Interesting Articles About the California Real Estate Environment

I saw a few interesting real estate articles recently that capture some of the trends in the California market. A company with locations in Los Angeles and San Francisco is renting out individual bunks in a home for $1,200 per month. You get a bed, and a shelf, and a wall mounted TV. There might also be a curtain built it. Guests are not allowed into the building – only residents. Google has partnered with

Early Zoning in Hershey

Hershey Plan

Our non-work adventures recently took us to Hershey, Pennsylvania for sightseeing. It turns out that the town was planned by the chocolate mogul himself to be a form of “company town” like he had seen in other parts of the world. His spin on the idea was to try to be nice to his workers by encouraging homeownership, selling homes at affordable prices, and providing easy payment plans to finance the purchases. He also encouraged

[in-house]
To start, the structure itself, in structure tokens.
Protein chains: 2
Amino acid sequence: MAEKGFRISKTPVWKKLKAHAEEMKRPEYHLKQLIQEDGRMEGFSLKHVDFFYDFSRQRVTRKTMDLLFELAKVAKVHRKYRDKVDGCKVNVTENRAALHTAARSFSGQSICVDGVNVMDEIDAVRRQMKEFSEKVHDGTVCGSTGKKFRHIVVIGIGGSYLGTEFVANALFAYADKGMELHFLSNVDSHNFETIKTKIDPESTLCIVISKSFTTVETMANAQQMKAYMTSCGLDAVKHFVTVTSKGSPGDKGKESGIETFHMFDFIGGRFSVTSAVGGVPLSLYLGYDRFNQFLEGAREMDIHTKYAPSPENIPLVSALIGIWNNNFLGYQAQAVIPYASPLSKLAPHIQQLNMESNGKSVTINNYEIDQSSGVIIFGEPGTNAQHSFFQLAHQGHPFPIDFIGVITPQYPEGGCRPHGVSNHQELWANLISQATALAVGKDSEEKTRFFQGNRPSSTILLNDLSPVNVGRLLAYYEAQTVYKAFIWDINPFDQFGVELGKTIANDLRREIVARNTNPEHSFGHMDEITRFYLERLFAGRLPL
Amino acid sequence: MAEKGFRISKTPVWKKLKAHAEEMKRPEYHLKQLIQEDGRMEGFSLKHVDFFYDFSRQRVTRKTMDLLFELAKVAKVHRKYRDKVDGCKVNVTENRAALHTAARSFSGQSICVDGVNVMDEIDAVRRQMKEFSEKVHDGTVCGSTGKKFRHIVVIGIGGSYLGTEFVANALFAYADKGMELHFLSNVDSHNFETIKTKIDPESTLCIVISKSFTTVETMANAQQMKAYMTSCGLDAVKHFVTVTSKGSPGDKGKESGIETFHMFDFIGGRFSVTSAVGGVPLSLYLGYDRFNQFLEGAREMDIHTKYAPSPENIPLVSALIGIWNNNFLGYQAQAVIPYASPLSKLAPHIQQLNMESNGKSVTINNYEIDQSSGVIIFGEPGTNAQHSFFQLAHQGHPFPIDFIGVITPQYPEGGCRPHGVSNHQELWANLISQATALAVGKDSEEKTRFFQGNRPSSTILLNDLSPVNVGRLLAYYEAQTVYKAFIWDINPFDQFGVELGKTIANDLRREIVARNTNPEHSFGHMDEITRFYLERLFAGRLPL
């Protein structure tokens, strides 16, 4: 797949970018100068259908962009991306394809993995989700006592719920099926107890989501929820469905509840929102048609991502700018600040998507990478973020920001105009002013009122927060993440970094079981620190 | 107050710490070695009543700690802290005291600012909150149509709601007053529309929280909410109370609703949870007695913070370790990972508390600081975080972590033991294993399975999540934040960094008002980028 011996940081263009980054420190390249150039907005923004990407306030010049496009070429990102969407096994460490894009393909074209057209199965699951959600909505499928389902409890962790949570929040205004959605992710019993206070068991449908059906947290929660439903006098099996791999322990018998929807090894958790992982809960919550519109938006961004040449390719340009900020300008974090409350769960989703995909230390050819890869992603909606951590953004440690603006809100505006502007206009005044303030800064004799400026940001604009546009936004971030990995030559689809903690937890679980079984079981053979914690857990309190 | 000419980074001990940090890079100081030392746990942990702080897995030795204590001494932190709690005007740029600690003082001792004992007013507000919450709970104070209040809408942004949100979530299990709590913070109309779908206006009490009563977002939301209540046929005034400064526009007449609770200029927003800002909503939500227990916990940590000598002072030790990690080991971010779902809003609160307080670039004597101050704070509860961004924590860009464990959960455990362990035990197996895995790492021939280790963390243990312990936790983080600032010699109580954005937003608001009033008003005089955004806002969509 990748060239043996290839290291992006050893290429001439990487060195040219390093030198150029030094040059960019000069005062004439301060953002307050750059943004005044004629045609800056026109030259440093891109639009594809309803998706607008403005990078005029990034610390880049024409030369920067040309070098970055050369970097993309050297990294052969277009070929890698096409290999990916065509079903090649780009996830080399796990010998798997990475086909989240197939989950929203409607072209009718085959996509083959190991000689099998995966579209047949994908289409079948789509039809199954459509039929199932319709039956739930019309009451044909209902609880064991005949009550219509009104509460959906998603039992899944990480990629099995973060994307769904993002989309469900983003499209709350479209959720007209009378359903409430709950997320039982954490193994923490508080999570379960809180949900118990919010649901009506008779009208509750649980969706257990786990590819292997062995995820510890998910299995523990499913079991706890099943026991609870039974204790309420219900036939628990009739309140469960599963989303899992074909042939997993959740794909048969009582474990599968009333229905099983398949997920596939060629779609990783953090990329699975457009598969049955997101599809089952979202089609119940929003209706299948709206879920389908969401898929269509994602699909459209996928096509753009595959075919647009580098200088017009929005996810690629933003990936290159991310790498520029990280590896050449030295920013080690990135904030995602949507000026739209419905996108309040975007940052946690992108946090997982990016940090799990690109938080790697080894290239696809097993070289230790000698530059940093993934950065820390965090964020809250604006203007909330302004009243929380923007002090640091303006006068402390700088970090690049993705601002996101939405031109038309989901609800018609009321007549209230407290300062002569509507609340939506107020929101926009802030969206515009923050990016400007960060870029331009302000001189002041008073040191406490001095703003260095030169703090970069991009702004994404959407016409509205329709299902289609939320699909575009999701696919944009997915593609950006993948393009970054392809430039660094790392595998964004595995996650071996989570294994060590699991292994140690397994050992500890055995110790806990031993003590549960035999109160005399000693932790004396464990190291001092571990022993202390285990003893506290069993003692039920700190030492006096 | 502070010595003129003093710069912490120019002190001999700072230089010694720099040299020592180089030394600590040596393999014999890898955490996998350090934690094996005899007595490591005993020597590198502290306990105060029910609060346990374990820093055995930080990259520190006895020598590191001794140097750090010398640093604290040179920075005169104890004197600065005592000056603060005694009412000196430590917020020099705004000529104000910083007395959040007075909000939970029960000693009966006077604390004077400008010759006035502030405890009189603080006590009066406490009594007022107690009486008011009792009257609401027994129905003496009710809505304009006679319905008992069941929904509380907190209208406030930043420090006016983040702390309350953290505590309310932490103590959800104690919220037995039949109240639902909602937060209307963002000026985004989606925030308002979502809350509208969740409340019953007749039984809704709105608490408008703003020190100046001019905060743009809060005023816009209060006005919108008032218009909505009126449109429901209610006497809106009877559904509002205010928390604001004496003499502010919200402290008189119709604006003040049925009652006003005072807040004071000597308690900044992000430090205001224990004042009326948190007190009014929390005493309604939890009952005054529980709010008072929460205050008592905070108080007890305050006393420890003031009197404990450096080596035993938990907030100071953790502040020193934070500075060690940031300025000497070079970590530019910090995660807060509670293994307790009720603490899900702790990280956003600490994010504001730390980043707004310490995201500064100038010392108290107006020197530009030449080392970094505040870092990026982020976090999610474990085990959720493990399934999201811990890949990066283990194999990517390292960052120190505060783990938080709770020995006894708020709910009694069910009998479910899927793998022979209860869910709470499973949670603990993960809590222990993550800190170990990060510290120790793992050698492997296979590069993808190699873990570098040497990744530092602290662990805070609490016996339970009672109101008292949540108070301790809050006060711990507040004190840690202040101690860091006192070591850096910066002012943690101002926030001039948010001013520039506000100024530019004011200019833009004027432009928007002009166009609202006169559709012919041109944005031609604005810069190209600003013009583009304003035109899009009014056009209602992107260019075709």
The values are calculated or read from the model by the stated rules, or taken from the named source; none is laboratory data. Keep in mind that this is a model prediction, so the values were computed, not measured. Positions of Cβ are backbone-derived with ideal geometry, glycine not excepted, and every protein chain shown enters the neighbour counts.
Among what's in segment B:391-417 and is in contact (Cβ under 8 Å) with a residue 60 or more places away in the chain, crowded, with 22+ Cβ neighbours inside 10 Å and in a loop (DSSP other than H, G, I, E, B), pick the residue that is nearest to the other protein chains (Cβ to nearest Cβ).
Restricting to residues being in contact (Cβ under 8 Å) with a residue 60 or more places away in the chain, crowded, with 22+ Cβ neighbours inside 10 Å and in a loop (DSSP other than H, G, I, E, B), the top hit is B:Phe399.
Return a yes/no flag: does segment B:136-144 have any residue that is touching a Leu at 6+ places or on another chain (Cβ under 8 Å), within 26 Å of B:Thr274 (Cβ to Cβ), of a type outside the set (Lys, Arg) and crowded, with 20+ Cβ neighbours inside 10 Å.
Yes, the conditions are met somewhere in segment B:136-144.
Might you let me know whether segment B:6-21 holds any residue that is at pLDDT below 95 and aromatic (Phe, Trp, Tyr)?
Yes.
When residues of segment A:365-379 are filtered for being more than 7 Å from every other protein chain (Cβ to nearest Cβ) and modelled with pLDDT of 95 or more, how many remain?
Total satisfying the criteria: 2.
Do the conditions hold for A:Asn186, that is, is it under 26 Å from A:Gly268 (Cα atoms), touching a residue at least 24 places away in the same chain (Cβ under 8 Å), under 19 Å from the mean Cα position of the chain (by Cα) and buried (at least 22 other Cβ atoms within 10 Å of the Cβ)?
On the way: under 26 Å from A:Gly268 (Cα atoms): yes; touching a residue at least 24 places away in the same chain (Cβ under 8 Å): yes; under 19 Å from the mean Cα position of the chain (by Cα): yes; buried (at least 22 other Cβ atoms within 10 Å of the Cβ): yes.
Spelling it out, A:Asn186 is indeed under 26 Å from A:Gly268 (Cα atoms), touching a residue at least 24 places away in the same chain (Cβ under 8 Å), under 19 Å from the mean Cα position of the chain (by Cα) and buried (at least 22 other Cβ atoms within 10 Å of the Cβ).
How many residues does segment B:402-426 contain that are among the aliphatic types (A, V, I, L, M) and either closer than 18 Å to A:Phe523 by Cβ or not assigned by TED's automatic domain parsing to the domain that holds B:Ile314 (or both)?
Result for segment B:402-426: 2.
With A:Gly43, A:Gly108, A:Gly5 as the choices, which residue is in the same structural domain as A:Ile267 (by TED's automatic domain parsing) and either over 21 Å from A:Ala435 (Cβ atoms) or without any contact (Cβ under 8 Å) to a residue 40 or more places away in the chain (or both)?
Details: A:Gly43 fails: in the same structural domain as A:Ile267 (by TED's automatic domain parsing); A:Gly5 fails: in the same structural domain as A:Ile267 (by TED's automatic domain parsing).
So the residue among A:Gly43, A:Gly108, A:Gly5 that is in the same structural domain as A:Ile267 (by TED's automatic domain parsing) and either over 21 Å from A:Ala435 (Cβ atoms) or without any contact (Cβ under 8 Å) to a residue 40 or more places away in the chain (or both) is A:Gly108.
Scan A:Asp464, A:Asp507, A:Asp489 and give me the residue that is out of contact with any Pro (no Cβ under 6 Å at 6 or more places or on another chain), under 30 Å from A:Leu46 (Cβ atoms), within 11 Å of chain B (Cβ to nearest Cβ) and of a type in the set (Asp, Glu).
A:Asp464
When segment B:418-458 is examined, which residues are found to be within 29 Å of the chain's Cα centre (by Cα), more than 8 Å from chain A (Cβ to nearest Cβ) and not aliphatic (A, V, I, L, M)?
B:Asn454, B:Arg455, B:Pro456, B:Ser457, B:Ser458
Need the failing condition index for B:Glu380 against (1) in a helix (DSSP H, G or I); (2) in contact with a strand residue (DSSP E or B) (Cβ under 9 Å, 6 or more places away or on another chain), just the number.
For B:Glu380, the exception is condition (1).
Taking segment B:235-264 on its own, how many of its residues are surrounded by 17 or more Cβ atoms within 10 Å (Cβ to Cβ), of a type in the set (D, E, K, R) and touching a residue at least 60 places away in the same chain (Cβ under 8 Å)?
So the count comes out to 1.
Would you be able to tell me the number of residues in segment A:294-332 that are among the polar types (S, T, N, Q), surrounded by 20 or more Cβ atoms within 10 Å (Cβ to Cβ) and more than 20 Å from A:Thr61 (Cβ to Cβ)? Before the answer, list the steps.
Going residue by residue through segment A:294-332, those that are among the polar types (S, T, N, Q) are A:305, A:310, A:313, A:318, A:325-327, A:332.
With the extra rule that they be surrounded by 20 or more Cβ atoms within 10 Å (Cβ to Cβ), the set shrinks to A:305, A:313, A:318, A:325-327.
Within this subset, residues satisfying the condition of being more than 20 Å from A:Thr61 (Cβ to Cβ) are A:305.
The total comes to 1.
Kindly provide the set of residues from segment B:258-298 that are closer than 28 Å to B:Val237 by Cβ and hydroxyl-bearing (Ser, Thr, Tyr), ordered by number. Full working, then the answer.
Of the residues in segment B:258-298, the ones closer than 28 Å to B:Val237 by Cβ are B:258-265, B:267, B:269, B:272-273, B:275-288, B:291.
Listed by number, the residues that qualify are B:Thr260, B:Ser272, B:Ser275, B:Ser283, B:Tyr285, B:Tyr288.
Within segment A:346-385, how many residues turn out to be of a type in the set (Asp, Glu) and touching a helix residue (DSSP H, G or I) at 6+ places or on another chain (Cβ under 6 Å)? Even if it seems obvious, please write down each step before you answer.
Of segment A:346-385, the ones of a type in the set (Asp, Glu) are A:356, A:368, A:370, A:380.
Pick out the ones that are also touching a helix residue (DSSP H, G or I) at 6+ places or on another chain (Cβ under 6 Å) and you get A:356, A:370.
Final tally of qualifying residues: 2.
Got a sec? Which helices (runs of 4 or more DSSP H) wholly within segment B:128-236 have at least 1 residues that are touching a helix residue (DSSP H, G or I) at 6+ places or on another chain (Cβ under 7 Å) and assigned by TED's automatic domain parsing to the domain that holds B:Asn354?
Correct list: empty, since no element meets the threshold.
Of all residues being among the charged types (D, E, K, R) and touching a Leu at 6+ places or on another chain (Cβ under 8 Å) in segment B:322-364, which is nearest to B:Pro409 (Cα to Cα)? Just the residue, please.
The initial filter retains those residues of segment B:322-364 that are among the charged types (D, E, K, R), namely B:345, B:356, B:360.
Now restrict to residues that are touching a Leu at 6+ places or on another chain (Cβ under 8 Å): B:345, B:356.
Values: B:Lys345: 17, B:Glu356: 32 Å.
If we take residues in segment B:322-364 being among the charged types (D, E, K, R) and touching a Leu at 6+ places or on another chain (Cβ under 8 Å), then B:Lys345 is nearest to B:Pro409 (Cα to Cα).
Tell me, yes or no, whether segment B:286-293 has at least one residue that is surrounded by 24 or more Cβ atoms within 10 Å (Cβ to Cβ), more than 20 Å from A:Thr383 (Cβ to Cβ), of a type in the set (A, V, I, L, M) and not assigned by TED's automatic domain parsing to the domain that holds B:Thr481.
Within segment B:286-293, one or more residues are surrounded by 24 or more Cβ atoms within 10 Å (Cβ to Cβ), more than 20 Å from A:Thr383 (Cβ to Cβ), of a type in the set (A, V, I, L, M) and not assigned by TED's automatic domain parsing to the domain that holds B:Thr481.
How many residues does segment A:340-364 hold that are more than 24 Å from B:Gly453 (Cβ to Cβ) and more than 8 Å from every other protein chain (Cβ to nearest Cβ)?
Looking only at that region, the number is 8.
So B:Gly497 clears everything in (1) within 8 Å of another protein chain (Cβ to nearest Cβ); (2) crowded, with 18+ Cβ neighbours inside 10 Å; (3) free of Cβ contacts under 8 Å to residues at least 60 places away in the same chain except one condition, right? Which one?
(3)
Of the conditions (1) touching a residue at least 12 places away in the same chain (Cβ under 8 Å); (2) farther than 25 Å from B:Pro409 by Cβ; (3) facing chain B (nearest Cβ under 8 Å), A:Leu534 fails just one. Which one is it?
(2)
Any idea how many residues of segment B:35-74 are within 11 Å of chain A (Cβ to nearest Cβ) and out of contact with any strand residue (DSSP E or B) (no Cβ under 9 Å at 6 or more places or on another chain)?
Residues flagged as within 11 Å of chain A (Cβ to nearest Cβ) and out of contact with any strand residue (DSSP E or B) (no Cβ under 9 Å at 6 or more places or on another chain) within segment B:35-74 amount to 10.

AirBnB to try Modular Construction

Fast Company published an exclusive about AirBnB at the end of November. The home sharing company proposed a new initiative called Backyard, which came from their division focused on the future. It is very ambitious, as it aims to rethink the entire process of designing, building, and updating homes. While the company’s move into the physical world of construction is the main headline, I’m more interested in one of the other details – that the

Remembering the Shopping Mall

Once upon a time, the shopping mall was at the top of the retail food chain. The mall was home to the best stores, and the most excitement. Amy and I grew up in the mall era. Our small town (population ~25,000) had its own little mall that kids hung out in, but it was not comparable to the shopping destinations that are available in Greater Hartford. Both of our families made the hours-long drive

Transit Oriented Development Fail

Next to Flatbush Station

Directly across the street from the Flatbush Avenue Fastrak station is the first new development along the rapid bus transit corridor. The site was assembled by combining three adjacent parcels. It appears that the developer paid over $1 million for the properties in two separate deals in September of 2015. The map below comes from the West Hartford GIS site, with the new development outlined in red and the Fastrak station outlined in green. A